Trends & Lifestyle

Around the World in 80 Iced Coffees (actually, just a few iced coffees)

The world of iced coffee has expanded beyond classic cold brew. It all started on TikTok, where a user’s attempt to whip up a frothy Korean iced coffee called Dalgona escalated into a social media phenomenon.

The Dalgona is made by whisking equal parts sugar, boiling water, and instant coffee, approximately 400 times, into a glossy, fluffy mixture. The mixture is then dolloped atop a glass filled with ice and milk. As the Dalgona gained popularity, it prompted both professional and amateur coffee makers alike, to quest for further inspiration from the recipe book of international iced coffees.

Twists on the classic Dalgona abound, with one version calling for mixing cocoa powder into the foam once it’s thoroughly whipped before adding it to the milk. Some swear by spiking it with a touch of rum. Anyone seeking variety when it comes to color and flavor can substitute green matcha powder for the coffee. However, this method requires the incorporation of egg whites into the matcha mixture, to obtain the right consistency.

De’Longhi’s LatteCrema Cool Technology offers a quicker, less labour-intensive way to make Dalgona. The Eletta Explore’s cold-milk carafe enables coffee drinkers to quickly create creamy cold microfoam, with just the touch of a button.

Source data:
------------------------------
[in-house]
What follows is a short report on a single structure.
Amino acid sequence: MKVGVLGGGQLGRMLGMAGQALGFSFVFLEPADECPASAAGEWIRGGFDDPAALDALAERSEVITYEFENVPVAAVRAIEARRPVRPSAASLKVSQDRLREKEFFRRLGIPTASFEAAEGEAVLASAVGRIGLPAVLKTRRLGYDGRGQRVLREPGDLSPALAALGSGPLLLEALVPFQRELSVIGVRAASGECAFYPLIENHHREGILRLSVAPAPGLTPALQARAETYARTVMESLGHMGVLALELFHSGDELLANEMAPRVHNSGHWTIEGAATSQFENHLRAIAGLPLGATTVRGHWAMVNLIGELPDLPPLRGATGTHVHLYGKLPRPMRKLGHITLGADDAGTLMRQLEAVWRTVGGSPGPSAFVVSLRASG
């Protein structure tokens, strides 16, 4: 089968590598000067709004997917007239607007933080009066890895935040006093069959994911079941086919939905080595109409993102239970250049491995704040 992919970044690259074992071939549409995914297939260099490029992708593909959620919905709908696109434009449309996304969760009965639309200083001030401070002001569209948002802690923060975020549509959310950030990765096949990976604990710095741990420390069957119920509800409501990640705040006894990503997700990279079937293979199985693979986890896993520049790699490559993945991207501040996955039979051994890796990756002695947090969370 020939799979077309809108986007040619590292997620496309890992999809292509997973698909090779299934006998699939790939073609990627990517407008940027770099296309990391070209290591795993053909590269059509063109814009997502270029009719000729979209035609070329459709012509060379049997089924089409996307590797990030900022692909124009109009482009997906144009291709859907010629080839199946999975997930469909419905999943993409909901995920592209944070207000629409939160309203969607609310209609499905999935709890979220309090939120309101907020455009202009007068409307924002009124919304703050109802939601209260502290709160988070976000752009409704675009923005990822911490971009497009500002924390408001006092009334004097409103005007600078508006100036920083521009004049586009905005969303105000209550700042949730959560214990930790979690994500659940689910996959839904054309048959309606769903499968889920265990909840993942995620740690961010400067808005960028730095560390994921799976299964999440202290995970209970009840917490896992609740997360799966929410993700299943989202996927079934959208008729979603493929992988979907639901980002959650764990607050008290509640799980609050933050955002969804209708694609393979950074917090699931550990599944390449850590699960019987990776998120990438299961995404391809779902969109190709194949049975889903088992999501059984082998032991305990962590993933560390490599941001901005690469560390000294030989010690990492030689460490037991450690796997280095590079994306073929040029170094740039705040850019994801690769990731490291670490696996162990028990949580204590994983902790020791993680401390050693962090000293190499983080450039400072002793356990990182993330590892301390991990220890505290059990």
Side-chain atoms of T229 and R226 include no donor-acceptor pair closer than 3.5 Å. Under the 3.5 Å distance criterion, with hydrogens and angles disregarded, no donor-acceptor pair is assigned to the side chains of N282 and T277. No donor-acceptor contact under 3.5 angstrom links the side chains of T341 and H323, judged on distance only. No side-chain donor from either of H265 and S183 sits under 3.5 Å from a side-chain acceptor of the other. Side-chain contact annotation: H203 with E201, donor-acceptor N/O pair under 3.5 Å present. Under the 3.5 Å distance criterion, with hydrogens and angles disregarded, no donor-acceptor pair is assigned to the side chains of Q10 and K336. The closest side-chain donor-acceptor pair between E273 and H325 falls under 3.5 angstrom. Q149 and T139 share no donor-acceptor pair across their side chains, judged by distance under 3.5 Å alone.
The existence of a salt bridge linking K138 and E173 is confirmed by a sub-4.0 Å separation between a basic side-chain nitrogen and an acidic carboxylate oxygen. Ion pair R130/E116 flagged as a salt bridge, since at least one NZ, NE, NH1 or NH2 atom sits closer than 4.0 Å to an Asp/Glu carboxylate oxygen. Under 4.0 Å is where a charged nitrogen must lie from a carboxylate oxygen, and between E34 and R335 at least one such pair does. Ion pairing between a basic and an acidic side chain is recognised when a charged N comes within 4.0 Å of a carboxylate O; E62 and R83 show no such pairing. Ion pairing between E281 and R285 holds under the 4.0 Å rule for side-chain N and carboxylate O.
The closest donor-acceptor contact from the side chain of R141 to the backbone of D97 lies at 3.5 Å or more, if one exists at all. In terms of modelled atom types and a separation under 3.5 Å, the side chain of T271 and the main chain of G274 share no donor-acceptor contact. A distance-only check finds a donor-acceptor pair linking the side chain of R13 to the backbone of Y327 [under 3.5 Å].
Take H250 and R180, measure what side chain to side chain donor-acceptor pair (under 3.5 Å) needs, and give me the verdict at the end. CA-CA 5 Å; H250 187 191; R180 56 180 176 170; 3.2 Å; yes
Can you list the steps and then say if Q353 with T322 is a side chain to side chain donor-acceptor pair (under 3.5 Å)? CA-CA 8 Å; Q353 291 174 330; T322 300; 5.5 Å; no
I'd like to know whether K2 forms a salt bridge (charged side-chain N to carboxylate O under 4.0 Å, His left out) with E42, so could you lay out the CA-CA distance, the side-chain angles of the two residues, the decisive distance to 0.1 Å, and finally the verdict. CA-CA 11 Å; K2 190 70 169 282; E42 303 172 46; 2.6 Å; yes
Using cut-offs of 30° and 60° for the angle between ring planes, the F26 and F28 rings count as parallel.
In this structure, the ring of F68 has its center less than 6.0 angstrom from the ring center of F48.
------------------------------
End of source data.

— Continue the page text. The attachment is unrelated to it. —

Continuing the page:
Travelling to the Indian subcontinent, Phenti Hui, or beaten iced coffee, is similar to Dalgona. However, the milk is poured over the whipped mixture of coffee, sugar, and boiling water instead of being placed on top. The foam dissolves into the mixture, resulting in a creamier, uniform drink.

In Greece, Frappé is made by shaking up sugar, coffee, and water. It is then served over ice and finished with a splash of evaporated or condensed milk. The Brazilian Mocha Cola combines coffee, chocolate milk, and cola, topped with whipped cream. It’s ideal for those looking to double up on caffeine and add some refreshing effervescence.

For our friends in Thailand, Oliang, known more familiarly as Thai iced coffee, is a mixture of ground coffee and brown sugar, with various grains, seeds, and spices such as cardamom, corn, soybeans, rice, and sesame seeds. It is usually topped with condensed or evaporated milk. The grains and spices add a savoury complexity that some might find unusual, but it’s nothing that a dash or two of sugar cannot soften.

No compilation of international iced coffee drinks would be complete without the Algerian Mazagran, often cited as the world’s first iced coffee. Dating back to the French conquest of Algeria in the 1840s, it’s said that French soldiers stationed at the fortress of Mazagran, in Algiers, created the cool drink while burning the midnight oil. The iced coffee helped them stay awake, and the rum imparted a delicate kick. The drink evolved as it spread around Europe, and while it’s currently less common in Algeria, the Portuguese Mazagran remains popular today. It combines lemon and mint for a refreshing thirst quencher on those sweltering summer days.


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